Solving basic math problems as an adult may seem like a breeze (especially with readily available calculators), but for young learners, understanding basic math operations can be a challenge. Younger students can grasp such ideas much more successfully with visual and conceptual explanations. Such understanding leads to higher retention of the material, quicker computation based on this understanding, and mental math strategies that will follow a child through their education.

Though potentially time-consuming at first, these key math strategies ensure that students gain the long-term benefits of a deep conceptual understanding that informs their math studies for years to come.

## Number Bonds

Number bonds are different pairs of numbers that add up to your original number, which we can use to change a challenging addition problem into a much more manageable one. The goal is to break the number down into its tens and ones. You can then add up the tens and ones separately to find your answer.

For example, a student may be asked to add 27 and 44. If they were to use the standard algorithm, it would look like the image below.

However, a young student solving this problem may just “memorize the steps” and not truly understand why they are “carrying the one.” The below figure shows how the student could use a number bond to solve this same equation.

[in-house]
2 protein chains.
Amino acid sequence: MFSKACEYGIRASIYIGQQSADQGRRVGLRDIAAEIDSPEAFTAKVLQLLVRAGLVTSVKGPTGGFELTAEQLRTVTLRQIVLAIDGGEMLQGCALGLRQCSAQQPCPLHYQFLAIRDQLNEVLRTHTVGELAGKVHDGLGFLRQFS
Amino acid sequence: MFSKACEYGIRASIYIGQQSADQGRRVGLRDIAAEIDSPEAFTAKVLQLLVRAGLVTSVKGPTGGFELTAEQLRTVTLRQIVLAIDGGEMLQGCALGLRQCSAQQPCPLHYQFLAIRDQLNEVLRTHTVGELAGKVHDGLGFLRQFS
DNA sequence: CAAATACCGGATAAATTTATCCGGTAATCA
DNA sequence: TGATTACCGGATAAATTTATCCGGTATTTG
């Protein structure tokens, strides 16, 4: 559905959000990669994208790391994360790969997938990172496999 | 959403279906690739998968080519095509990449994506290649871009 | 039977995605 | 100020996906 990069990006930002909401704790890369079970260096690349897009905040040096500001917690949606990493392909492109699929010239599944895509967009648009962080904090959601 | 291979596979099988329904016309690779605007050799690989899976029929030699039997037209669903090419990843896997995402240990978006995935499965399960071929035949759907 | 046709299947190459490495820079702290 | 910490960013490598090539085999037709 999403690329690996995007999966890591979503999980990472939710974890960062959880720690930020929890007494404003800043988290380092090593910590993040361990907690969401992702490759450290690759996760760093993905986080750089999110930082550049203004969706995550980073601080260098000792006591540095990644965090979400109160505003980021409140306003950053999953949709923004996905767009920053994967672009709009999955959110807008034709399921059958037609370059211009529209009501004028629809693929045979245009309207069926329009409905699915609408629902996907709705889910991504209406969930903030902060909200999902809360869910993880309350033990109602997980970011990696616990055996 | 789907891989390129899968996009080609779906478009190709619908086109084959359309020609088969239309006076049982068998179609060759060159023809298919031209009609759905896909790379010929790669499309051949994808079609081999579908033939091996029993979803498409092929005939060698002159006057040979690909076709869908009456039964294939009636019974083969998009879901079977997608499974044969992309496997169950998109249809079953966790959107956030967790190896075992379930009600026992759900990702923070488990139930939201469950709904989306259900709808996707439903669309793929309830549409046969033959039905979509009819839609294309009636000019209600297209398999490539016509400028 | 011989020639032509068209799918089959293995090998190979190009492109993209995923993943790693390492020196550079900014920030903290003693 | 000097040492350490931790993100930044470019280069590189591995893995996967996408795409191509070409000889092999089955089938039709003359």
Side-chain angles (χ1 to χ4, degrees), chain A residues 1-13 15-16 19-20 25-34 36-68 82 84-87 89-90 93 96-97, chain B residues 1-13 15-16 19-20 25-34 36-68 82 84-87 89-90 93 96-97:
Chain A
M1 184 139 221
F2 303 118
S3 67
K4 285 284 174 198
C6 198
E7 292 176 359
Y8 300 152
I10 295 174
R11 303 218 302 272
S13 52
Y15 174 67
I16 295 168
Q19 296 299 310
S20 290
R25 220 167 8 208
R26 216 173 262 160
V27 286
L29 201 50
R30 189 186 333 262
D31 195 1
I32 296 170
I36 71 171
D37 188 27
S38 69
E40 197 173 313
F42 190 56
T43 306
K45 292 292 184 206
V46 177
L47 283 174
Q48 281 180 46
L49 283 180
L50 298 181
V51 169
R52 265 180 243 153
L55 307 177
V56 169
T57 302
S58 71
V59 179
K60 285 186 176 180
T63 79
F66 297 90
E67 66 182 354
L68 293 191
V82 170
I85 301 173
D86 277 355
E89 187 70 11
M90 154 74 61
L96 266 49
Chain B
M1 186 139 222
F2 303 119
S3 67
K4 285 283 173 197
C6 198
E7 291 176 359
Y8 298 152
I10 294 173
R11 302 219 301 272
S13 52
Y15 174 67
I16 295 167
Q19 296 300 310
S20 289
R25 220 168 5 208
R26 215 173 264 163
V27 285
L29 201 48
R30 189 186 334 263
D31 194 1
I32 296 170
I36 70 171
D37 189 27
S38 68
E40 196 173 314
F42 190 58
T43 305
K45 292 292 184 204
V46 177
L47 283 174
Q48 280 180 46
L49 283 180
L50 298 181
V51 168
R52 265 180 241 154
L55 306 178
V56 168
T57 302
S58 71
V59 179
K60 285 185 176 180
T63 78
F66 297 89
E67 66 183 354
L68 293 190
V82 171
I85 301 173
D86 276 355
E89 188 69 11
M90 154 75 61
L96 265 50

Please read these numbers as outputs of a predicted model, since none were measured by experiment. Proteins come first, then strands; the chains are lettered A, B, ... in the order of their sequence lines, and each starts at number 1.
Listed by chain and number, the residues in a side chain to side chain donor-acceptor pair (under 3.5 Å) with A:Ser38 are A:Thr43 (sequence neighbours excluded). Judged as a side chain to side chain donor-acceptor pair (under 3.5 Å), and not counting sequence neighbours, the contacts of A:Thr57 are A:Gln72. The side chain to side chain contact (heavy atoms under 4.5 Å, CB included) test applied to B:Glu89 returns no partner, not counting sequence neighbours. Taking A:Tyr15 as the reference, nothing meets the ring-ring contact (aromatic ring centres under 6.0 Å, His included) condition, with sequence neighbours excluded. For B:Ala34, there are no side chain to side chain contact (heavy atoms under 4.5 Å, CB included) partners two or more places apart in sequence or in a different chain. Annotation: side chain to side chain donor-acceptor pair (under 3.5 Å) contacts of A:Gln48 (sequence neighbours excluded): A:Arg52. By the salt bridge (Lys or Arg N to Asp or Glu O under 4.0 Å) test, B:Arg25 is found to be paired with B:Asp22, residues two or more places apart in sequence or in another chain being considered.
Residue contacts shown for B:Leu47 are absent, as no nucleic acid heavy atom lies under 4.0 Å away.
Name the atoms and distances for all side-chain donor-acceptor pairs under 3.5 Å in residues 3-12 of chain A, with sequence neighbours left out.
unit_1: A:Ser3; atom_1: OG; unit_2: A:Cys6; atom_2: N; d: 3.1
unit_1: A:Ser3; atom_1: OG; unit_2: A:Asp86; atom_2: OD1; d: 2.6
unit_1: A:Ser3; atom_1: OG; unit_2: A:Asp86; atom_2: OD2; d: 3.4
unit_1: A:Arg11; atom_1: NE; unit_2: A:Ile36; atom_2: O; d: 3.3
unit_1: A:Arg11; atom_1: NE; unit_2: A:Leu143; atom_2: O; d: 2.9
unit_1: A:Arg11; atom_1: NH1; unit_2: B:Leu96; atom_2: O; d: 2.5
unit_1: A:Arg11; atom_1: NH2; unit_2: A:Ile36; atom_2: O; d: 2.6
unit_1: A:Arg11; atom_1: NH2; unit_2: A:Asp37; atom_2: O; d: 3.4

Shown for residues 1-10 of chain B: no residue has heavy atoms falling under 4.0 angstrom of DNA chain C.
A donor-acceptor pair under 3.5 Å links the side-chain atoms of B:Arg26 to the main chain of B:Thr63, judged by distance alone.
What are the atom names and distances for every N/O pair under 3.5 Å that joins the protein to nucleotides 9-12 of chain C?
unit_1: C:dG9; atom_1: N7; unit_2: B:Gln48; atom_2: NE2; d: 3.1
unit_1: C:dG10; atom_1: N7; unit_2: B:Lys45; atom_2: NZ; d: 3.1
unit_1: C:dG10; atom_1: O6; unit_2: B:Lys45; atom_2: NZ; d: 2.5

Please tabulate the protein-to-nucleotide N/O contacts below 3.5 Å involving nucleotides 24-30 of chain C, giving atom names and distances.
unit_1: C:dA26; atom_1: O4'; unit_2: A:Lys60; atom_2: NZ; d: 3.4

## Open Number Lines

Young students are often asked to master subtraction with regrouping before gaining a conceptual understanding. To help students learn this skill, we turn to an open number line. Students build on to the “subtrahend” (the number being subtracted) with the goal of ending with the original amount.

If a student were asked to solve 94 – 37, the standard algorithm may look something like the image below.

Instead, a student can use an open number line that starts with 37 and then use tens and ones to build up to 94.

## Base Ten Blocks

Base ten blocks are another fantastic way to conceptually demonstrate addition and subtraction. Don’t worry, you don’t need actual blocks! Simply draw the base ten rods and singles to get the same effect. See two examples below of how they can be used for addition and subtraction.

*Base Ten Blocks (Addition)*

*Base Ten Blocks (subtraction)*

## Using the Distributive Property for Mental Math

Older students will face more challenging computation. As we saw with number bonds, any number can be broken down into more manageable numbers. Older students can use the distributive property to do more complex multiplication. For example, a student may be asked to do 87 x 6.

These are just some of the many creative and conceptual strategies students can use to solve traditional math questions! We encourage parents to help their kids practice their new and developing math skills with these key strategies.

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